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a park to take your breath away


One of Brunei Darussalam's more visible nature attrations is its forests, which cover about 80 per cent of its total land area. Some lovely parts of the forests have been turned into parks or recreational forests.

The Bukit (Hill) Peradayan Recreational Forest is located in Brunei Darussalam's most verdant district, Temburong, which one can reach either by helicopter or boat. The latter, of course is the more conventional mode of transport as it has been since bygone age.


The boats, known as perahu tambang, or water taxis, are available at a jetty near the Kianggeh Bridge, along Jalan Residency in Bandar Seri Begawan. The fare is negotiable, but B$10 is the usual sum the boatmen expects.

The journey to Bangar, Temburong's capital takes about 45 minutes and passes through a picturesque route lined on boths sides by nipah palms and mangroves.


The recreational forest has been developed within the 1,070 hectare Peradayan Forest Reserve about 15 km from Bangar. The best way to go there is by car, but only as far as the edge of the forest reserve. From here visitors travel on foot to get to the designated recreational forest.

The hike does not only provide an exhilarating physical exercise but also an excellent opportunity for the visitors to appreciate the natural beauty, sernity and coolness of the forest, as it takes them along undulating path that leads to the Bukit Peradayan Summit about 410 meteres (1,225 feet) above sea level. There is also another hill nearby called Bukit Patoi, which rises 310 meters (950 feet) above sea level.


The recreational forest, which has an area of 997 square hectares, never fail to impress visitors with, apart from the hills, its naturally abundant flora and fauna as well as the unusual geological formation of its limestone and caves.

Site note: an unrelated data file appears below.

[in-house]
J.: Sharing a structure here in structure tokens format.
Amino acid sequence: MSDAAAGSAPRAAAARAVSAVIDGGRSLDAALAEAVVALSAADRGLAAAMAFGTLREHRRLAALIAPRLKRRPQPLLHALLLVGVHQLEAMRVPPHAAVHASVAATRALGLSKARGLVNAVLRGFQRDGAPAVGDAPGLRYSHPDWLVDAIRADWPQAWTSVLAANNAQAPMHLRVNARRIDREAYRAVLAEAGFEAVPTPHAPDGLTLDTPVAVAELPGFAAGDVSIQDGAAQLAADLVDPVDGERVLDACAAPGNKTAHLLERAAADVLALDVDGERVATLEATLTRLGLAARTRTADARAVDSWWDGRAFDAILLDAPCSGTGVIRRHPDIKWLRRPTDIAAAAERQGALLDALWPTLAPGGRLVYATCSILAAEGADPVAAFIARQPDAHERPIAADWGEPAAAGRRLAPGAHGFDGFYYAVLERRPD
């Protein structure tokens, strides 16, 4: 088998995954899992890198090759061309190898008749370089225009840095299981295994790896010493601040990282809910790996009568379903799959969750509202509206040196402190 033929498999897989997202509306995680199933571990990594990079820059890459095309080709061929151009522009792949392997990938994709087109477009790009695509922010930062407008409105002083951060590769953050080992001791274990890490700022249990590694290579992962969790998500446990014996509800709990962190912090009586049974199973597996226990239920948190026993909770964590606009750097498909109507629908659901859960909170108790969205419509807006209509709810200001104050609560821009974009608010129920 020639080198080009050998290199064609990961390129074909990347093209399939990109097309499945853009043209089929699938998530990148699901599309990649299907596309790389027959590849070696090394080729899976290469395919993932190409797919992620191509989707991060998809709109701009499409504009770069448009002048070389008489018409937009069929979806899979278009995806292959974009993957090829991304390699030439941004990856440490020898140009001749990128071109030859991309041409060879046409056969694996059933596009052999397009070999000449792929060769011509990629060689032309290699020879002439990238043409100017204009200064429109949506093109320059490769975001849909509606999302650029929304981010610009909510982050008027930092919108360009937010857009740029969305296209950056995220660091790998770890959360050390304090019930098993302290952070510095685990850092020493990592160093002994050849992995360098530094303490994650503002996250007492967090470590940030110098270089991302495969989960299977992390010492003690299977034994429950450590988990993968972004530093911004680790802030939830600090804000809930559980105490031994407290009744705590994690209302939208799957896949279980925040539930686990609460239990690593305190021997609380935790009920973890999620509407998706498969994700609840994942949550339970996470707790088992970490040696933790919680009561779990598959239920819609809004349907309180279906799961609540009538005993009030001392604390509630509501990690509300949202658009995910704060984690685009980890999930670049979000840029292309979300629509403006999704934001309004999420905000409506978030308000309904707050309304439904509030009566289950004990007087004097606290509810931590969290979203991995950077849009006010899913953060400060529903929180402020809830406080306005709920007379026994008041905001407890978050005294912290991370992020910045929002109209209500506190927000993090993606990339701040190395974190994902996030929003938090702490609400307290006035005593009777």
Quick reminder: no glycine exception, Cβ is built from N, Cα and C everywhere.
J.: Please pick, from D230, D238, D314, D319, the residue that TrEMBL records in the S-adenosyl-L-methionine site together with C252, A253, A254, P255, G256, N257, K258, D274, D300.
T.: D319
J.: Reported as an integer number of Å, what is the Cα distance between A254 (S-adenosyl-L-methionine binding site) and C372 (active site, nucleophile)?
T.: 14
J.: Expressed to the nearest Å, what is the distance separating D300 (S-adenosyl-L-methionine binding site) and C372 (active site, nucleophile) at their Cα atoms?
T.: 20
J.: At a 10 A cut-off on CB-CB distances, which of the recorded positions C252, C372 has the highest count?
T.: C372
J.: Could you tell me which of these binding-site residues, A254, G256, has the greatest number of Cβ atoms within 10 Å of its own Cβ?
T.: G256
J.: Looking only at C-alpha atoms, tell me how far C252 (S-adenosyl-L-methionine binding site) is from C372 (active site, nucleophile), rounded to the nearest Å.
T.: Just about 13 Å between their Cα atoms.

On top of rocky Bukit Patoi there exists an open, flat land where, amid invigorating air, the visitors can have a breathtaking view of the surrounding areas including a magnificent range of mountains, villages, farms, part of neighbouring Sarawak, and the South China Sea.


Due to its natural richness, the recreational forest is also visited by scientists and geologists from within and outside the country to carry out various research.

As the forest is not merely confined to the provision of recreation but is also for other purposes such as conservation, education and research, leaving it in the raw is extremely important. With this in mind, the Forestry Department, which is responsible for all aspects of Brunei Darussalam's woodlands, has restricted development to a handful of shelters for the weary and picnickers to sit and relax.

Article written by: Bolhassan Haji Abu Bakar, 1994
Source: Brunei Today published by the Information Department, 1994.


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